3. Has the rise of non-state actors threatened the Westphalian system of international relations. Explain why or why not. Support your argument with relevant examples.

Yes, non-state actors threatened the Westphalian system greatly. The Westphalian system focuses on state as the highest level of sovereignty with complete control over their respective territories. Non-state actors act completely independent of states and states do not have any control over these actors. They essentially take power away from the state and put them in the hands of the people. There have even been instances where non-state actors such as multinational corporations have removed state regimes through public support and heavy pressure placed on high ranking officials. Shell overthrew the Nigerian government is a great example of this. ITT also overthrew the Chile government. These show how sovereignty is now taken away from state actors and undermines the westphalian system.

4. Describe the Israel-Palestine dispute. Assess how the situation is viewed by both parties. Why is the dispute relevant to other countries… both in the neighbouring region and other countries?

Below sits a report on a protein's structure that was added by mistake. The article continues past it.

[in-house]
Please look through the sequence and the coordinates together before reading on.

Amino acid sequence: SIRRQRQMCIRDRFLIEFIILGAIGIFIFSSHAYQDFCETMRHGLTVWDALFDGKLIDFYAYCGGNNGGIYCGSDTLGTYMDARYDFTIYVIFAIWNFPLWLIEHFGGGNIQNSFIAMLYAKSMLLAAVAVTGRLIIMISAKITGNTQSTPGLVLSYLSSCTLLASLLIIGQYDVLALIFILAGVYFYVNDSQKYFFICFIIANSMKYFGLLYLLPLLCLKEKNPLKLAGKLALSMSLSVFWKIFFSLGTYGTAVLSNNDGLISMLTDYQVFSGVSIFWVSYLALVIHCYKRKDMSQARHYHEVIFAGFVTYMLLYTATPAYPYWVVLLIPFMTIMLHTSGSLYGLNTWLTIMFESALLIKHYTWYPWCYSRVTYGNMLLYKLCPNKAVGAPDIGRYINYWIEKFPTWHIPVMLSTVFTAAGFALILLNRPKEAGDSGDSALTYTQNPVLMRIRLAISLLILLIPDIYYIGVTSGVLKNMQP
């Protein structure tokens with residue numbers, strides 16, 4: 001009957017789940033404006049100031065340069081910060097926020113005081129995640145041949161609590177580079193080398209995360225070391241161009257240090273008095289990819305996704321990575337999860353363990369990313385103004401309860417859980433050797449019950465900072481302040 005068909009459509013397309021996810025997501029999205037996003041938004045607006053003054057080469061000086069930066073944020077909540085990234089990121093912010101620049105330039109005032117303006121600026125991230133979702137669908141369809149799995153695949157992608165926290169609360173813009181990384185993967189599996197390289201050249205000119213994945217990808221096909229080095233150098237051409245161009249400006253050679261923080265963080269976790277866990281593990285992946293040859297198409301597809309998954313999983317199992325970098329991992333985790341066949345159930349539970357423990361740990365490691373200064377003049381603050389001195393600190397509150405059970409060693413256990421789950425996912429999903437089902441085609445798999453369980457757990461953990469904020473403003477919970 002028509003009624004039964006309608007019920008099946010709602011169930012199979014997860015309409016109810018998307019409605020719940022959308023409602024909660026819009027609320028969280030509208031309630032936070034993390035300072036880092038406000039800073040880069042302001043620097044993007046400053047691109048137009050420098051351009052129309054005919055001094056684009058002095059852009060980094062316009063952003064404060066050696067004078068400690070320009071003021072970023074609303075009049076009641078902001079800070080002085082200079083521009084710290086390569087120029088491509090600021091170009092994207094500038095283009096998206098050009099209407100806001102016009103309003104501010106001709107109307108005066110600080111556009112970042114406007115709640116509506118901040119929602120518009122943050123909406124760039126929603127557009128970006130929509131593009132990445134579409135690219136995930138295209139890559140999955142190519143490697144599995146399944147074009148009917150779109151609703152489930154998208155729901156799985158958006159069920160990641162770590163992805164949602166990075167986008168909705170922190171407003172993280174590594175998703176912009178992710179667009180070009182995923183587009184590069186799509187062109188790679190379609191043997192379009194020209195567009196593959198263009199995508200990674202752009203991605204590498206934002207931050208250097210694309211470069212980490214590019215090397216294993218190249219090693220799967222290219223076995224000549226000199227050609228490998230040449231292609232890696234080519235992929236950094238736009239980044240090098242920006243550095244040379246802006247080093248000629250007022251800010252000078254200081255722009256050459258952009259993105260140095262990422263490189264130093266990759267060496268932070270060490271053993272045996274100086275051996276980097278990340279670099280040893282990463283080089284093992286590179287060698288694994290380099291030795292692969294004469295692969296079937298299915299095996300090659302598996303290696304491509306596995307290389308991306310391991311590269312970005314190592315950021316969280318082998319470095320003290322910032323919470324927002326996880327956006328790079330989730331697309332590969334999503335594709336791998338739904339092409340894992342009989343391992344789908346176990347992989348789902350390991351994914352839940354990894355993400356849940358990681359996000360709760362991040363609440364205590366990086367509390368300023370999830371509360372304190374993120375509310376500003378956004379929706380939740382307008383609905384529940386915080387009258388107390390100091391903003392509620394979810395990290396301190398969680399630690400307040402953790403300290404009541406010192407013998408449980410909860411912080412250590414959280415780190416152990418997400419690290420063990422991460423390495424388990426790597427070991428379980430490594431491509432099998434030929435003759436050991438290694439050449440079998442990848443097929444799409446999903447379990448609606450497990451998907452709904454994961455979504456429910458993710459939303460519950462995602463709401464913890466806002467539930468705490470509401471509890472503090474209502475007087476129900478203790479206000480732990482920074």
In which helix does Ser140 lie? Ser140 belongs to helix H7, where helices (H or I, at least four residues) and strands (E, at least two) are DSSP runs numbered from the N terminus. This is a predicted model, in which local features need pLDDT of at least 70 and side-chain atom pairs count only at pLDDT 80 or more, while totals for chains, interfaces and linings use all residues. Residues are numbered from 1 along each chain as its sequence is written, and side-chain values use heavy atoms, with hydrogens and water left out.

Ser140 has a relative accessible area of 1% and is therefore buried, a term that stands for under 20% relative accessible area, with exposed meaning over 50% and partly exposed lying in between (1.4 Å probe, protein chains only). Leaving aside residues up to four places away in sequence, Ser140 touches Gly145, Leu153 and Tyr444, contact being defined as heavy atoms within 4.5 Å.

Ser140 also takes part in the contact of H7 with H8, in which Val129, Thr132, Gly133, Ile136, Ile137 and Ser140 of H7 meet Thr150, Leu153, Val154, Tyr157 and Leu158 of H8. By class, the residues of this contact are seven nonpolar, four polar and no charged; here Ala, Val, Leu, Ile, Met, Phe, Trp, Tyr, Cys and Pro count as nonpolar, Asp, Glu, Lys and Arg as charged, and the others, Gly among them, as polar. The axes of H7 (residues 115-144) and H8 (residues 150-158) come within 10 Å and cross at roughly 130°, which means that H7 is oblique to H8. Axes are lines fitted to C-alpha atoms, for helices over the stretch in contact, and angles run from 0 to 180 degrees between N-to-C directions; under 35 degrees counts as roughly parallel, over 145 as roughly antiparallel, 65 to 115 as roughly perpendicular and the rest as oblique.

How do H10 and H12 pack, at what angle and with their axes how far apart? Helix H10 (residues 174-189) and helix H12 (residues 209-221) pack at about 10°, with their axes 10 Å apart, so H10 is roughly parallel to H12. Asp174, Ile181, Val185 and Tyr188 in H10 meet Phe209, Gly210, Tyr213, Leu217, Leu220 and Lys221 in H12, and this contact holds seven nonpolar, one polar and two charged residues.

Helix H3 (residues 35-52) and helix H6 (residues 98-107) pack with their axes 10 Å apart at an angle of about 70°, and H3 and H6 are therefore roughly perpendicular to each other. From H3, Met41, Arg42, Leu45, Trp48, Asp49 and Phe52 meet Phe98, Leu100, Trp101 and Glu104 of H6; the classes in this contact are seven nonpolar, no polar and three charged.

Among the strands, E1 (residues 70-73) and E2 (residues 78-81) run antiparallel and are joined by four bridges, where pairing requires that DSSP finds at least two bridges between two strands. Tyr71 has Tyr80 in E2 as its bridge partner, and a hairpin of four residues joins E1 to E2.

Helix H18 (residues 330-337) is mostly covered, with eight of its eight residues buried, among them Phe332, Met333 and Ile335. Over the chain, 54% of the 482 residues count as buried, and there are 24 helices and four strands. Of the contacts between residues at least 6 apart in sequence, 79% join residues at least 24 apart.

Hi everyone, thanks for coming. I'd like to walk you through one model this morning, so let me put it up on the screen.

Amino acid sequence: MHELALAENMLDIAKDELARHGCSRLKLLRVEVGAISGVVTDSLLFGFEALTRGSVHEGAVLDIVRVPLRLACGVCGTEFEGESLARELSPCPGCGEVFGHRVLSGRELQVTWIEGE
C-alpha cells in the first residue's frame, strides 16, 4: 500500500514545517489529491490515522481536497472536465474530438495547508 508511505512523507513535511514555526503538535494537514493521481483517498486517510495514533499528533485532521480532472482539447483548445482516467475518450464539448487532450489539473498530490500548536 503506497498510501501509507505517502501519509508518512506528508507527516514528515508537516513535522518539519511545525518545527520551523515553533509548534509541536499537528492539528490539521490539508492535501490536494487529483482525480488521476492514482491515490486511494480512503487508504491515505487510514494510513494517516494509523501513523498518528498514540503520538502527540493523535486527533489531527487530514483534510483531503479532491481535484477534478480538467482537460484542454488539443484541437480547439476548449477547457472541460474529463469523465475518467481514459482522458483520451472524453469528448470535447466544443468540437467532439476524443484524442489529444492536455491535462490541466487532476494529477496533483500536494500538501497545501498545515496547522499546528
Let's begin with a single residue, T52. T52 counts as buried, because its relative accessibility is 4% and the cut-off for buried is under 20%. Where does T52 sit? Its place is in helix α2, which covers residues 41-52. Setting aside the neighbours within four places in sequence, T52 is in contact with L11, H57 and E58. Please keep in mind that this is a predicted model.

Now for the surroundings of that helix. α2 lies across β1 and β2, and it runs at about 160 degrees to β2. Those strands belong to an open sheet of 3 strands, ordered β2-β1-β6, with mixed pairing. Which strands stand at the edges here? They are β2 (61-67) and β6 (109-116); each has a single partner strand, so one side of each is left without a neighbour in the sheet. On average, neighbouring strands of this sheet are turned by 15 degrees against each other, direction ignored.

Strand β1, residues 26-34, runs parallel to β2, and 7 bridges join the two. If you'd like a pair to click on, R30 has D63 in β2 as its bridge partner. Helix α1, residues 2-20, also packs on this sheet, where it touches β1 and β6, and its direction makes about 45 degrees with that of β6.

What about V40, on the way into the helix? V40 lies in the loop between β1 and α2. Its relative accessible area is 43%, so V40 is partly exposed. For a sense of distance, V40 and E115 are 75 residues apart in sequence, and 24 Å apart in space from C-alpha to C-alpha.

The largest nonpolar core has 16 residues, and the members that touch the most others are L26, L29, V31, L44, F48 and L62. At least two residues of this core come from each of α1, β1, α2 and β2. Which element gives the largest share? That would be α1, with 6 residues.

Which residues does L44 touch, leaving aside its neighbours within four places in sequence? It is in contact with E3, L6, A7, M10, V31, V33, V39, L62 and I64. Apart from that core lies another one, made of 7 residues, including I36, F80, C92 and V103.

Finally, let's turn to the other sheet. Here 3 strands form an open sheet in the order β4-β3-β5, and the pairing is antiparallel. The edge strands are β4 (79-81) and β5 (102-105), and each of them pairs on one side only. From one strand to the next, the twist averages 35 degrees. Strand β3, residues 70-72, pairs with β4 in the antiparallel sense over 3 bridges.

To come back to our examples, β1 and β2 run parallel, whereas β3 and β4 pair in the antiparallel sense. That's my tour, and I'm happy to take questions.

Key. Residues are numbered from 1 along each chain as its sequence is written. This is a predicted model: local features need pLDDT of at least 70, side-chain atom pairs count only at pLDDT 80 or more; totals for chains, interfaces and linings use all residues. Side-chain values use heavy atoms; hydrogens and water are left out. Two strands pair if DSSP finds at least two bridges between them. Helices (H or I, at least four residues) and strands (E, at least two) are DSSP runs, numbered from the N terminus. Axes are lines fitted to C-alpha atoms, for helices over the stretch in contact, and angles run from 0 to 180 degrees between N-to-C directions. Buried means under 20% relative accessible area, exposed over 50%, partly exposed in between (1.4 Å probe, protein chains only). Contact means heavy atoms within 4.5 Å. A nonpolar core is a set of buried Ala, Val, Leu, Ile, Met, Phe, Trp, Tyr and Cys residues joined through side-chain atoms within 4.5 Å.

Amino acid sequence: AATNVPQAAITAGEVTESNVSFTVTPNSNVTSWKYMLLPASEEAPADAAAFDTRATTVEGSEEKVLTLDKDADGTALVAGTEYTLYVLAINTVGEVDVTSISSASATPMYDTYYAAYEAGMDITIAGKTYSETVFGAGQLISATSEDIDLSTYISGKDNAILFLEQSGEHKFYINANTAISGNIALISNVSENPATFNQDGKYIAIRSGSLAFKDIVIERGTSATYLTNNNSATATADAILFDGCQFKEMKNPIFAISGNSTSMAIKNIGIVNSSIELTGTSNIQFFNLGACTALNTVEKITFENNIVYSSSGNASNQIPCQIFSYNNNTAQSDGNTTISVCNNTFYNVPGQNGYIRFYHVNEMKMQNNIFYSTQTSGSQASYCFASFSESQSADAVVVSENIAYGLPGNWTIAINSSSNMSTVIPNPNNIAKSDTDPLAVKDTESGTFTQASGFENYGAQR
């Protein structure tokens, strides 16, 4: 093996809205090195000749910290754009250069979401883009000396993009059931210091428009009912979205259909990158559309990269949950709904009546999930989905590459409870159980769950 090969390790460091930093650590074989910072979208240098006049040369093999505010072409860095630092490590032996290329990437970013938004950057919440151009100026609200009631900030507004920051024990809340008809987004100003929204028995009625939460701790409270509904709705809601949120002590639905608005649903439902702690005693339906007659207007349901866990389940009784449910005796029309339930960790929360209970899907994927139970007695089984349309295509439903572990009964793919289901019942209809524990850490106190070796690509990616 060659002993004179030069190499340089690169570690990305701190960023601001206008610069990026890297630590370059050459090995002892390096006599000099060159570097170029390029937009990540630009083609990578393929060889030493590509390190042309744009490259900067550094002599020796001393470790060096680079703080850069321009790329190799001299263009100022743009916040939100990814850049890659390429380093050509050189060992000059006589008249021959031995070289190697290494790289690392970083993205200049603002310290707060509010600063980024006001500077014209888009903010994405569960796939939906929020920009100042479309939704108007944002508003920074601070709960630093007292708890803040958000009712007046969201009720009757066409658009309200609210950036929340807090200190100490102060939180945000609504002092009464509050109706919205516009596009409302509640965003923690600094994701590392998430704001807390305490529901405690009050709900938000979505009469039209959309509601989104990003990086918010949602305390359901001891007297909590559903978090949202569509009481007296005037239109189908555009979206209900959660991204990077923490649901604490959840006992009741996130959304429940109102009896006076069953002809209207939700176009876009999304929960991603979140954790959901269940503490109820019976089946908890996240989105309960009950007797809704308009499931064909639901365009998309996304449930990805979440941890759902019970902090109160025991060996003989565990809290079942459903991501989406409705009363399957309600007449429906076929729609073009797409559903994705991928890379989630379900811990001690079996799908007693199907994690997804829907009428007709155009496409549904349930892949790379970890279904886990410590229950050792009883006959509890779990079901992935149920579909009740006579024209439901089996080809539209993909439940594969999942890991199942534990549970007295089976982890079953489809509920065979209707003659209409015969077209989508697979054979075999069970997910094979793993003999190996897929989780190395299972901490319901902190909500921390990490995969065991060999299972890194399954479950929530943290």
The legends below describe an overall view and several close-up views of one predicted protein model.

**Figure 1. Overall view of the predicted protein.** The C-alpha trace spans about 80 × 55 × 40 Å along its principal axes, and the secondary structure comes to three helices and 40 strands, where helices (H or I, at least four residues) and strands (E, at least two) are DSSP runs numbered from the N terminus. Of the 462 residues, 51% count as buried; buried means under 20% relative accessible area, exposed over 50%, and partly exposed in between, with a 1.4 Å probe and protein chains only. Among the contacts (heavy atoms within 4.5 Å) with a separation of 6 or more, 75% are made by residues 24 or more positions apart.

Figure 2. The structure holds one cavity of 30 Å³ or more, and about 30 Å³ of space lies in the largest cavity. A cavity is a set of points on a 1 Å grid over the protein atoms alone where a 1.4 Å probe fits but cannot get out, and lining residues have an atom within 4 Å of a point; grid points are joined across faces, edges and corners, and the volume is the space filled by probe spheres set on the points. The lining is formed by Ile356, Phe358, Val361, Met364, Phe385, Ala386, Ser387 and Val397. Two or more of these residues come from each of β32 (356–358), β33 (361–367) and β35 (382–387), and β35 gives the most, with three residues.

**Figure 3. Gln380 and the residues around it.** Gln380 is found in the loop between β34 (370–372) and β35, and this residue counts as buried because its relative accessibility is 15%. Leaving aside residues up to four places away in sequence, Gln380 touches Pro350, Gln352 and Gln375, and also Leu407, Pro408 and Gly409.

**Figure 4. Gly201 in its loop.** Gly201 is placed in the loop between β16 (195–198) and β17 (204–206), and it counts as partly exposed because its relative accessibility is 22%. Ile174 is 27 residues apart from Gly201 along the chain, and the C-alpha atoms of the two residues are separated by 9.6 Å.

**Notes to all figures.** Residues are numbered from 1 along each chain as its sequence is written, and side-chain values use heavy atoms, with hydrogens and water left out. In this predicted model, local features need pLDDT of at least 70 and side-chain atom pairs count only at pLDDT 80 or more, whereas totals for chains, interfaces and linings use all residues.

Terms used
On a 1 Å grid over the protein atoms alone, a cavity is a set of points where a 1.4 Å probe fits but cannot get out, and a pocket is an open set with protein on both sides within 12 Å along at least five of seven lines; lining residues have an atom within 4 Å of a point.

Israel and Palestine are fighting over territory that Israel was given by Britain after WWII. British believed the Jews needed a place to go; needed to return to the promise land outside Europe so they took land from Palestine and created Israel. All of Europe agrees because they felt bad for what happened to the Jew in WWII and Palestine is left out of decision. Jews of Israel surrounded by Arabs of Palestine begin fighting over territory. Series of wars in 1948, 1956, 1967, and 1973 where attempted settlements were talked about but one side or the other refused the deal because they wanted more. During these wars Israel expanded territory then gave up territory, hundreds of people killed, attacked on holy days, and have invasions. All eventually stop with UN resolutions and attempt to settle. Carter tried to settle dispute once and for all with Camp David Accords which had little success. Disputes continue today in this volatile region over lands and territories. Internationally its tough because Palestine is a humanitarian issue and Israel was created by international agreement. This conflict involves arabs that have current bad relations with western states and there is a lot of media coverage of the area to exploit any and everything that happens. Other countries want a settlement to end the volatile fighting and constant instability of the region along with possible democratic elections for the future. Neighboring countries do not want to deal with the fighting and destruction at their borders. Palestine wants control of all their previous territory where Israel wants a two state settlement. Palestine wants back Jerusalem, the West Bank, and the Gaza strip and compensation for damages done, also want all of their refugees returned to state after were kicked out in creation of Israel so that they have access to food and water that is being blockaded. Israel wants to keep Jerusalem, some of the West Bank and does not want to pay nearly any compensation because they believe it is not their fault. These were what the countries wanted in OSLO accords set up by Bill Clinton but couldn’t agree. US really supports because they are the real democracy in middle east and we want to up hold this and hope that it will spread to other neighboring countries. Palestine further supports conflict against Israel because of their support from western state.